NEXTDRIVETM is a series of adjustable frequency SC4000 AC drives from Warner Electric Motors and Controls Division. The drives are available in NEMA 4/12 dust-tight, oil-tight, and water-resistant enclosures. They feature intelligent drive modules that integrate power components and the microprocessors that control them.
New gearmotors from Pittman include the LO-COG® brush-commutated dc gearmotors that use spur gearheads and deliver up to 500 oz-in of torque at the output shafts. The ELCOM and ELCOM II are brushless dc gearmotors that have slotless construction for reducing inductance.
The Euro 205 motor controller from Trio Motion Technology is a one-to-four axis servo/stepper motor controller measuring 6.7 2 5.1 21 inch. The CE-compliant controller accepts a fifth axis on an expansion connector that takes the company's standard axis communication boards.
A new right-angle worm gear speed reducer from Euclid Universal is available with gear ratios from 2-3/4:1 through 60:1 and customized output shafts up to 7/8-inch diameter. Housings are die-cast aluminum. Worms are heat-treated, precision ground, and matched with forged bronze gears. Units are sealed with synthetic or non-synthetic oil or grease. The gear reducers accommodate hp ratings from 1/3 through 23/4, depending upon the gear ratios.
HOLO-ROLTM bearings from Kaydon Corp. are pre-loaded for maintaining constant contact with the rings. The hollow roller bearings reduce centrifugal forces at high speeds. Roller contact deflection against the rings is taken up before a load is applied to the bearings.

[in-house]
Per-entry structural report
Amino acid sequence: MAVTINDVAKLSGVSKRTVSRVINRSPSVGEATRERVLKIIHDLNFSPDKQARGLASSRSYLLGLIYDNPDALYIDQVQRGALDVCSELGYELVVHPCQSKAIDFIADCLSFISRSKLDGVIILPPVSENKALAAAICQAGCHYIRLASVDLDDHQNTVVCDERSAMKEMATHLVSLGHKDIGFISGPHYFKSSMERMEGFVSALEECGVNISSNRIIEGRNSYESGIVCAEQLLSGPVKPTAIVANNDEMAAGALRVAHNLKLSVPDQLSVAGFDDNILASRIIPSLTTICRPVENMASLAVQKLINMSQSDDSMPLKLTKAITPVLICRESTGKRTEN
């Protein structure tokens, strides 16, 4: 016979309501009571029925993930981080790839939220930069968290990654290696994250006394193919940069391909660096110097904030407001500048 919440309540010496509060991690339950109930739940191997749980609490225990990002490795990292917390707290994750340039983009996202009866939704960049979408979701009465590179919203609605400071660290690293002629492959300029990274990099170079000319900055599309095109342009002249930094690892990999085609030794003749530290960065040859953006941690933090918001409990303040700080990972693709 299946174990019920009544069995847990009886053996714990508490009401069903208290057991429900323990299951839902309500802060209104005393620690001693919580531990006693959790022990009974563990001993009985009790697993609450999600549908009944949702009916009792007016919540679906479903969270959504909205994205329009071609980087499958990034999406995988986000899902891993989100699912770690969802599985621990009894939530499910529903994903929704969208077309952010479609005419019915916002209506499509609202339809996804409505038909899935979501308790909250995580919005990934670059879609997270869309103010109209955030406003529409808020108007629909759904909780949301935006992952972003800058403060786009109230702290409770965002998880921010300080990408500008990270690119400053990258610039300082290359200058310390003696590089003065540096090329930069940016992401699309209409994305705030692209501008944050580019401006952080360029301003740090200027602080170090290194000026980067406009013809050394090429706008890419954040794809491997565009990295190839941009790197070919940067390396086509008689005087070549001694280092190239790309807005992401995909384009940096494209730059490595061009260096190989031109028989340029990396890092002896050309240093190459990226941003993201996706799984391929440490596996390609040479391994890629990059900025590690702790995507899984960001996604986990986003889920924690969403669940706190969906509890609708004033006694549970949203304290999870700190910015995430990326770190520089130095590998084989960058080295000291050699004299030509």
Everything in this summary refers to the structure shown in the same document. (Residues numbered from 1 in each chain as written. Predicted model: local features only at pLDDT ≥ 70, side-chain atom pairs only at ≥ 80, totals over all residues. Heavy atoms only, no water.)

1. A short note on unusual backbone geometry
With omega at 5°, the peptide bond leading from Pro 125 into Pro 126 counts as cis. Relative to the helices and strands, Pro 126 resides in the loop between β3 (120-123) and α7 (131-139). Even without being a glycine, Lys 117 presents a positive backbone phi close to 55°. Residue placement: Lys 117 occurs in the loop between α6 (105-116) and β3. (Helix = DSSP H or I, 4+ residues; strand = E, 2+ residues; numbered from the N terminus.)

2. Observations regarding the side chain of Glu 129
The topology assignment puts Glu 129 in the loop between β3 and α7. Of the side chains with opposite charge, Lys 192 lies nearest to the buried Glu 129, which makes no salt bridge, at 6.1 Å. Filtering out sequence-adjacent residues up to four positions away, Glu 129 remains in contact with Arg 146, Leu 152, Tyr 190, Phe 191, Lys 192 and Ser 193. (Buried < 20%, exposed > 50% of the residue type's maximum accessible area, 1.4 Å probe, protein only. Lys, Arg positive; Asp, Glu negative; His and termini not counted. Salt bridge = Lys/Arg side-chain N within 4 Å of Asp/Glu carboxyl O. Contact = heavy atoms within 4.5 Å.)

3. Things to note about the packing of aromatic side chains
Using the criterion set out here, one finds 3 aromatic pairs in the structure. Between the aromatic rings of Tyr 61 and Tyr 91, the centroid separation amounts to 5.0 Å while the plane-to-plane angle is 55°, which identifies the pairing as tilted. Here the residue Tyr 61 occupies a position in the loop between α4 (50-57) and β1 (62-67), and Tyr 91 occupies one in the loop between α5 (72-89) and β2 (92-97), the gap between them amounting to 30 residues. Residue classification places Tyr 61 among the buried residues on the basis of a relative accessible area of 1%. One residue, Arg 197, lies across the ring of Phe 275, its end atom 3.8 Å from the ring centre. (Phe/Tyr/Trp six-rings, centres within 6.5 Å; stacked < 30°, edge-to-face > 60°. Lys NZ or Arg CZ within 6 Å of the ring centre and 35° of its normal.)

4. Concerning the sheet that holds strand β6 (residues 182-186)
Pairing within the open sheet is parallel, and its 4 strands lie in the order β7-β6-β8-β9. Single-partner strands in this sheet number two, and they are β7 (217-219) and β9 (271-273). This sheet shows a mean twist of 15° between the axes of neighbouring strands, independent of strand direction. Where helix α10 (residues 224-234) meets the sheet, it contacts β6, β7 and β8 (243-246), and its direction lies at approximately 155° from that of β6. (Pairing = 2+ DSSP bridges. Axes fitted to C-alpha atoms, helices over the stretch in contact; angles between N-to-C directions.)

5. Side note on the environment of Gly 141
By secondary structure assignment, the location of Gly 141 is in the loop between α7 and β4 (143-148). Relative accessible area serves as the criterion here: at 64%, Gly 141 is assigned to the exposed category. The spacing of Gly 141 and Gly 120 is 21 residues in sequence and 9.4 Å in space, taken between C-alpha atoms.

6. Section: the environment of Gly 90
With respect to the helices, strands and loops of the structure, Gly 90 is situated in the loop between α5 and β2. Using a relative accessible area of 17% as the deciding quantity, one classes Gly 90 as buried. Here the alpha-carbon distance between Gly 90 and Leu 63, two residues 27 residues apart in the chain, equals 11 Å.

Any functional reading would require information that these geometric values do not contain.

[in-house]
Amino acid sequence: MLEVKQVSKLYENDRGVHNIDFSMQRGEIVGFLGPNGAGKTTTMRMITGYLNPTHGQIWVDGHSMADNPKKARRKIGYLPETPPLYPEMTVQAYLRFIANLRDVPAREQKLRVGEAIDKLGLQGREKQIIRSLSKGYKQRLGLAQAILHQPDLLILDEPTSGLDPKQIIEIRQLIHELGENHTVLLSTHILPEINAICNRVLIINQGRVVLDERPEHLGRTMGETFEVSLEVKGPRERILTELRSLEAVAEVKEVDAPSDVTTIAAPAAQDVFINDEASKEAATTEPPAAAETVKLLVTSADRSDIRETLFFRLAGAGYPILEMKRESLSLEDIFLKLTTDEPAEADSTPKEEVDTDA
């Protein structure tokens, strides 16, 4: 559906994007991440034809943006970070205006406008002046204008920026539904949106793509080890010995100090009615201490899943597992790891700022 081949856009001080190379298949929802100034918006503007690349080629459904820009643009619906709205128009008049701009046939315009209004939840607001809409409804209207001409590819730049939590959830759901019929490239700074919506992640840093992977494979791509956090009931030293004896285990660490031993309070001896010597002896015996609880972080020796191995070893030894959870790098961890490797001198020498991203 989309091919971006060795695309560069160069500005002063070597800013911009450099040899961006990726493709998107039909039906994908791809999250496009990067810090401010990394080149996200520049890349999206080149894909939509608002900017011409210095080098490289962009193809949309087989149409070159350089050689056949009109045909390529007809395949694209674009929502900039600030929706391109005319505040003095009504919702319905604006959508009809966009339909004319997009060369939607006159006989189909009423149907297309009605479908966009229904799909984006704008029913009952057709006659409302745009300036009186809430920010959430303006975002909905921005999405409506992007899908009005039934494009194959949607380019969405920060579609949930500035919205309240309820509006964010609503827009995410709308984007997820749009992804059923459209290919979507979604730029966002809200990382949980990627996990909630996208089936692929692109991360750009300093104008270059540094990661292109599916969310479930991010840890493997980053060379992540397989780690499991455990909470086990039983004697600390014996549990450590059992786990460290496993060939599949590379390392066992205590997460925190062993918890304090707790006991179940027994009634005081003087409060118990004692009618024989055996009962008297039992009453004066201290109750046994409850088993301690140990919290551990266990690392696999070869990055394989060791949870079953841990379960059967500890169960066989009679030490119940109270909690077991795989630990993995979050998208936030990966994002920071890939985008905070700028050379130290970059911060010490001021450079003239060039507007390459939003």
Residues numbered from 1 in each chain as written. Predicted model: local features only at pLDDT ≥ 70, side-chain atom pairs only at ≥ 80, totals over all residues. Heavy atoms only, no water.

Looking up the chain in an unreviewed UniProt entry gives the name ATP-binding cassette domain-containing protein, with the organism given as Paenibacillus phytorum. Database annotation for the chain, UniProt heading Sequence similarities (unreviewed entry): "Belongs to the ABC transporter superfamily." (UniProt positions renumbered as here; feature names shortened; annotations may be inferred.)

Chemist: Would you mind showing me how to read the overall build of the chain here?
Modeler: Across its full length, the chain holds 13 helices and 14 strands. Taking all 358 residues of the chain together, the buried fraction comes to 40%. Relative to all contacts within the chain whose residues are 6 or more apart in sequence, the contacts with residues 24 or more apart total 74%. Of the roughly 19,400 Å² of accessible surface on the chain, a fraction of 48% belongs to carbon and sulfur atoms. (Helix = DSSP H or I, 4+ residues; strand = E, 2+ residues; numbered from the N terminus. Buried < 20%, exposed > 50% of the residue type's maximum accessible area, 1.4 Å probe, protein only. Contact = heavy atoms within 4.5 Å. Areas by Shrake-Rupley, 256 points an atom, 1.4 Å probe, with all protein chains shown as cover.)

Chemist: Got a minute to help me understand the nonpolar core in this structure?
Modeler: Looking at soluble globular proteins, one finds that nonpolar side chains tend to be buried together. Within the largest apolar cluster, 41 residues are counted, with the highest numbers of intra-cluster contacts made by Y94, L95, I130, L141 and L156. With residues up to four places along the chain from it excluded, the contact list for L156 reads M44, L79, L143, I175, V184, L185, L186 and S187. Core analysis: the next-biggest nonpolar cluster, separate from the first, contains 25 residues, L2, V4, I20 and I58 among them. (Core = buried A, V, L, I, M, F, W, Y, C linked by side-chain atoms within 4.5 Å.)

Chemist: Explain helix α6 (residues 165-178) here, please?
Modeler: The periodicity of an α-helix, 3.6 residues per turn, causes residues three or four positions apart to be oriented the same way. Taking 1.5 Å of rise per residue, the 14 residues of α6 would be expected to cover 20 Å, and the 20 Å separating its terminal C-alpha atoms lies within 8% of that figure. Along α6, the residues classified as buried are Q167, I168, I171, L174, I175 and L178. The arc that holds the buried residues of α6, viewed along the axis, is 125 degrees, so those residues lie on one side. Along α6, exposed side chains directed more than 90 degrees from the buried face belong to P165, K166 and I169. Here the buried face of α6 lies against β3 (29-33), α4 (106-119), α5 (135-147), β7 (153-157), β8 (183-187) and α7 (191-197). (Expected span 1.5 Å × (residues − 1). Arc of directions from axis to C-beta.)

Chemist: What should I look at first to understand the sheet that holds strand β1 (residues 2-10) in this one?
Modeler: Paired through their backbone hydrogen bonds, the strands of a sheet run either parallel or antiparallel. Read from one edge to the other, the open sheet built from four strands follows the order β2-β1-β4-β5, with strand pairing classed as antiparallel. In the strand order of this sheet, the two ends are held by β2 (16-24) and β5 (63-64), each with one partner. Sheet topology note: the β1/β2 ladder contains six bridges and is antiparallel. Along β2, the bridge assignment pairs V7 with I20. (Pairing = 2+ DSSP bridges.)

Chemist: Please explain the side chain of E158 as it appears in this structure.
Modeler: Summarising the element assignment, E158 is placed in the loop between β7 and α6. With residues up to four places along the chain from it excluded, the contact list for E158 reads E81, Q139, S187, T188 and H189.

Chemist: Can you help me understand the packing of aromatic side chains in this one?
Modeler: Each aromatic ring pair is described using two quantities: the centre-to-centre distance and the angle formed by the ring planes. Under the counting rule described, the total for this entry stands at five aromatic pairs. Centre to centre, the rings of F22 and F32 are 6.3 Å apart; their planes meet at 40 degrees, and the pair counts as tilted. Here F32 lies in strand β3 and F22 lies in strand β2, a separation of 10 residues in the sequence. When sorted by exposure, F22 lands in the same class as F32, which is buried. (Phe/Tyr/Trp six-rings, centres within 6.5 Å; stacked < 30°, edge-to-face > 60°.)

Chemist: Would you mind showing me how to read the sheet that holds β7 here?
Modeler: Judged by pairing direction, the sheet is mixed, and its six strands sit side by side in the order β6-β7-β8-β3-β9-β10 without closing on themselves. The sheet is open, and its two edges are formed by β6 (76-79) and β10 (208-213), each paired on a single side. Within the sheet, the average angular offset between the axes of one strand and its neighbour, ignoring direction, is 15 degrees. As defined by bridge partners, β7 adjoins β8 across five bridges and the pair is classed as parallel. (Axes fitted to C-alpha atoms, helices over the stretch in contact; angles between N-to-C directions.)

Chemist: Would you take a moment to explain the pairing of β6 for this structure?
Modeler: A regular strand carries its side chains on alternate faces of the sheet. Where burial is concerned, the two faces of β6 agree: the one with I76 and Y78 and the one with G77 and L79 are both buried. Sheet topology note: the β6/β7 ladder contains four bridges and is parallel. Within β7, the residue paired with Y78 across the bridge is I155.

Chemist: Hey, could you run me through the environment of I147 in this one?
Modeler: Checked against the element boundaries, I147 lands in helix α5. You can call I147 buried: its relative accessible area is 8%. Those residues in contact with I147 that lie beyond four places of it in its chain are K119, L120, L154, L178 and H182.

Are they robots or androids? We're not exactly sure. Each talking, gesturing Geminoid looks exactly like a real individual, starting with their creator, professor Hiroshi Ishiguro of Osaka University in Japan.
For industrial control applications, or even a simple assembly line, that machine can go almost 24/7 without a break. But what happens when the task is a little more complex? That’s where the “smart” machine would come in. The smart machine is one that has some simple (or complex in some cases) processing capability to be able to adapt to changing conditions. Such machines are suited for a host of applications, including automotive, aerospace, defense, medical, computers and electronics, telecommunications, consumer goods, and so on. This discussion will examine what’s possible with smart machines, and what tradeoffs need to be made to implement such a solution.